Margaret Register has done a great service to the body of Christ in writing A Place for People, Puppets, and Cockroach Soup. She excels in painting delightful and vivid word pictures so that you, the reader, feel you are there with her as she walks through each dramatic story. This is truly an authentic account of the good, the bad, and the miraculous in the life of a dedicated missionary family. This book is a must read!

Reviewed by Juanita Cunningham Blackburn, Assemblies of God missionary

Paperback, 273 pages. $17.99 retail. Also available in Kindle. Order from: Amazon.

Leave a comment

Filed under Missions, Reviews

Autobiography of Canadian Missionary Evangelist John Abraham

Abraham, John. Living in the Supernatural Dimension: Right Choice Now—Best Life Forever. [Laurence M. Van Kleek, Editor]. Bloomington, IN: WestBow Press, 2012.

A new autobiography of missionary evangelist John Abraham, Living in the Supernatural Dimension, shares the story of his worldwide ministry that has extended over six decades. The ministry of Abraham, who is ordained by the Pentecostal Assemblies of Canada, can be divided into two segments: during his first 35 years his focus was in the Western world; during the past 26 years Abraham and his wife, Shirley, have focused on global missions.

Born in Northern Ireland to Plymouth Brethren parents, Abraham was converted to Christ as a child and filled with the Holy Spirit as a teenager. He was personally tutored by renowned Brethren biblical scholar Dr. F. F. Bruce. Since childhood Abraham had a passion to win people to Christ. He was a child preacher and later became loved as a pastor’s pastor around the world.

In one of his many providential “forks in the road” Abraham left Ireland to study in a Pentecostal Bible college in Canada. Upon graduation he became an associate evangelist in the United Kingdom for six years with John Wesley White, who later served as an associate evangelist of Billy Graham. Abraham has a deep passion for the gospel, which he internalized. God has worked throughout Abraham’s ministry through the gifts of the Holy Spirit. From the time that he ministered on the streets of Northern Ireland as a teenager God used John in all of the gifts of the Spirit recorded in 1st Corinthians 12—especially the gifts of healings and the working of miracles.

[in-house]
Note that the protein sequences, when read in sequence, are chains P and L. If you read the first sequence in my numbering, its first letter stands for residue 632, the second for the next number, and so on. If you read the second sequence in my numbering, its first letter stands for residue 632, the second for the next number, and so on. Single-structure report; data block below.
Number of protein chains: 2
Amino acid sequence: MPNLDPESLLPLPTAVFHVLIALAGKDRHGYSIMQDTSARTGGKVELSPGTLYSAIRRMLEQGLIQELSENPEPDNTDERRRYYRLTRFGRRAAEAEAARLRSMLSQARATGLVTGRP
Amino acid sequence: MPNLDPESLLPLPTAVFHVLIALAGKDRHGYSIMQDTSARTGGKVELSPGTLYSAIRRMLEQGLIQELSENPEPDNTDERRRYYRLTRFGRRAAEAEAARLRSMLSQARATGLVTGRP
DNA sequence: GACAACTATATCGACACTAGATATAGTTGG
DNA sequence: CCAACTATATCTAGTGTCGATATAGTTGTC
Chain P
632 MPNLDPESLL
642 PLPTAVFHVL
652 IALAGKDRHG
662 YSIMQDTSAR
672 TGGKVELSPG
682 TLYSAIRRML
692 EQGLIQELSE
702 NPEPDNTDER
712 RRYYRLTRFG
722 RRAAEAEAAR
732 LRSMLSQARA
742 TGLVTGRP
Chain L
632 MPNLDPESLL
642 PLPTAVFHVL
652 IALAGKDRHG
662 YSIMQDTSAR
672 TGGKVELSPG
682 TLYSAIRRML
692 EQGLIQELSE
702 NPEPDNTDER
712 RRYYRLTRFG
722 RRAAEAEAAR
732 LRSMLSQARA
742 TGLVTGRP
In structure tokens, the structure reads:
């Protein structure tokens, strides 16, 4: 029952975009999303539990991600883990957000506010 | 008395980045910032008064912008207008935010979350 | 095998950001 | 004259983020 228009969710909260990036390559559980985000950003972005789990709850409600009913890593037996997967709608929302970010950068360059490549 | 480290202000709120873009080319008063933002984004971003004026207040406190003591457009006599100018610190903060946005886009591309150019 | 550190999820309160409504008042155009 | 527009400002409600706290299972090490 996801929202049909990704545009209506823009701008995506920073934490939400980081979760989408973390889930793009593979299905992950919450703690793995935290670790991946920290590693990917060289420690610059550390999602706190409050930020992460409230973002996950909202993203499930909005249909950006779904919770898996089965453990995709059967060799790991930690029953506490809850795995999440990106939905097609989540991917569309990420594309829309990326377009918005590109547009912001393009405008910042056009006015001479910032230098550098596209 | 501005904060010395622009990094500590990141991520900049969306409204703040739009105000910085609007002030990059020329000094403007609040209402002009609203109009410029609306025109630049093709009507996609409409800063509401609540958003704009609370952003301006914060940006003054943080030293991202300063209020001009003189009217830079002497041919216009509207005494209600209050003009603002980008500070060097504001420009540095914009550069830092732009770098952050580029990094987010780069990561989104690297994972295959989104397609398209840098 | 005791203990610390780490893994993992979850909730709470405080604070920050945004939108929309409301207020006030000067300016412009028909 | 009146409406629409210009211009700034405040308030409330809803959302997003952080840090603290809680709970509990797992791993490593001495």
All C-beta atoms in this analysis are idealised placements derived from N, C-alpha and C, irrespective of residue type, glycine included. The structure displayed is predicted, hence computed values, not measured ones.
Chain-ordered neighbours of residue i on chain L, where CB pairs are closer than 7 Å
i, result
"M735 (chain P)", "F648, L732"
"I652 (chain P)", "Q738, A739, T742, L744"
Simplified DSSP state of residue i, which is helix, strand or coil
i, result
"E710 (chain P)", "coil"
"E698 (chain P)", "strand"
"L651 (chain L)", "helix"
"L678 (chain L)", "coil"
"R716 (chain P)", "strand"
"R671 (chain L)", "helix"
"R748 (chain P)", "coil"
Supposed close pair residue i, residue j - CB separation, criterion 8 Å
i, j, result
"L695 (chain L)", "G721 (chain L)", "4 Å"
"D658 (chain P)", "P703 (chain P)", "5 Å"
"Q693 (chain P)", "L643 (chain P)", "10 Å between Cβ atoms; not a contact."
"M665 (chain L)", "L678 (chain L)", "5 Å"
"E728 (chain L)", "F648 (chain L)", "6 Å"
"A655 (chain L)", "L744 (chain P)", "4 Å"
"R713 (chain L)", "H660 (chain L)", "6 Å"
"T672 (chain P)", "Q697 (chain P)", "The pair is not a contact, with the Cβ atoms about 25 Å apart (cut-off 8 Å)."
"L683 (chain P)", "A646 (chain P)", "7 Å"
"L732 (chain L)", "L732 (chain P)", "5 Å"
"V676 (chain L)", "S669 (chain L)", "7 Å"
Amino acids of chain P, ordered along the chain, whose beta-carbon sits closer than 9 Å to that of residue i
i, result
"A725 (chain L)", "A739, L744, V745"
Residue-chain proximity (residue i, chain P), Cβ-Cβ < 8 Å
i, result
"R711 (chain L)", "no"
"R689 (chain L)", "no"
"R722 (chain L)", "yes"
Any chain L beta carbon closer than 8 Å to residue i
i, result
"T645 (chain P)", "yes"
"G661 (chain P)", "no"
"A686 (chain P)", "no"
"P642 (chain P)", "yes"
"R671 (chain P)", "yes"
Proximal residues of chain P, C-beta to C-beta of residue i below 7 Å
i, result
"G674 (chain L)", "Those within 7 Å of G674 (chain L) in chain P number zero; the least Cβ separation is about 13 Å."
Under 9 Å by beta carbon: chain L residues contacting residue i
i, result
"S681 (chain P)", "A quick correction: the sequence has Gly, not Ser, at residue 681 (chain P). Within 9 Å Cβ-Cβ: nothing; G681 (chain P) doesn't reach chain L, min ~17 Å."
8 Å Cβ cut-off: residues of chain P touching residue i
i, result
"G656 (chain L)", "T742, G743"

In one humorous anecdote, Abraham recalled that, after a revival meeting in Southeast Asia, the organizers had to pay a surcharge to a clean-up company, because of the large quantity of crutches, braces and wheelchairs that had been left on the rented field. Abraham noted that all he could do was stand by in amazement and watch the miracles occur.

David R. Wells, General Superintendent of the Pentecostal Assemblies of Canada, wrote the preface. Laurence M. Van Kleek served as editor and also wrote the foreword. Living in the Supernatural Dimension is inspiring and challenging Christian reading and will be particularly well-received by charismatics and Pentecostals.

Submitted by Laurence M. Van Kleek, MDIV, MA, MLS
Van Kleek serves as Librarian/Administrator of Summit Pacific College (Abbotsford, BC Canada)

Paperback, 297 pages. $22.95 retail. Also available in hardcover and Kindle. Order from: Amazon.com

1 Comment

Filed under Missions, Reviews

Review: Proceedings of the Inaugural Faith and Science Conference

Bundrick, David and Steve Badger, eds. Proceedings of the Inaugural Faith & Science Conference. Springfield, MO : Gospel Publishing House, 2011.

“The students we teach and the congregations we pastor in the future will not be contented for us to put our heads in the sand or resort to simplistic preaching against science.” — Jim Bradford, General Secretary of the Assemblies of God USA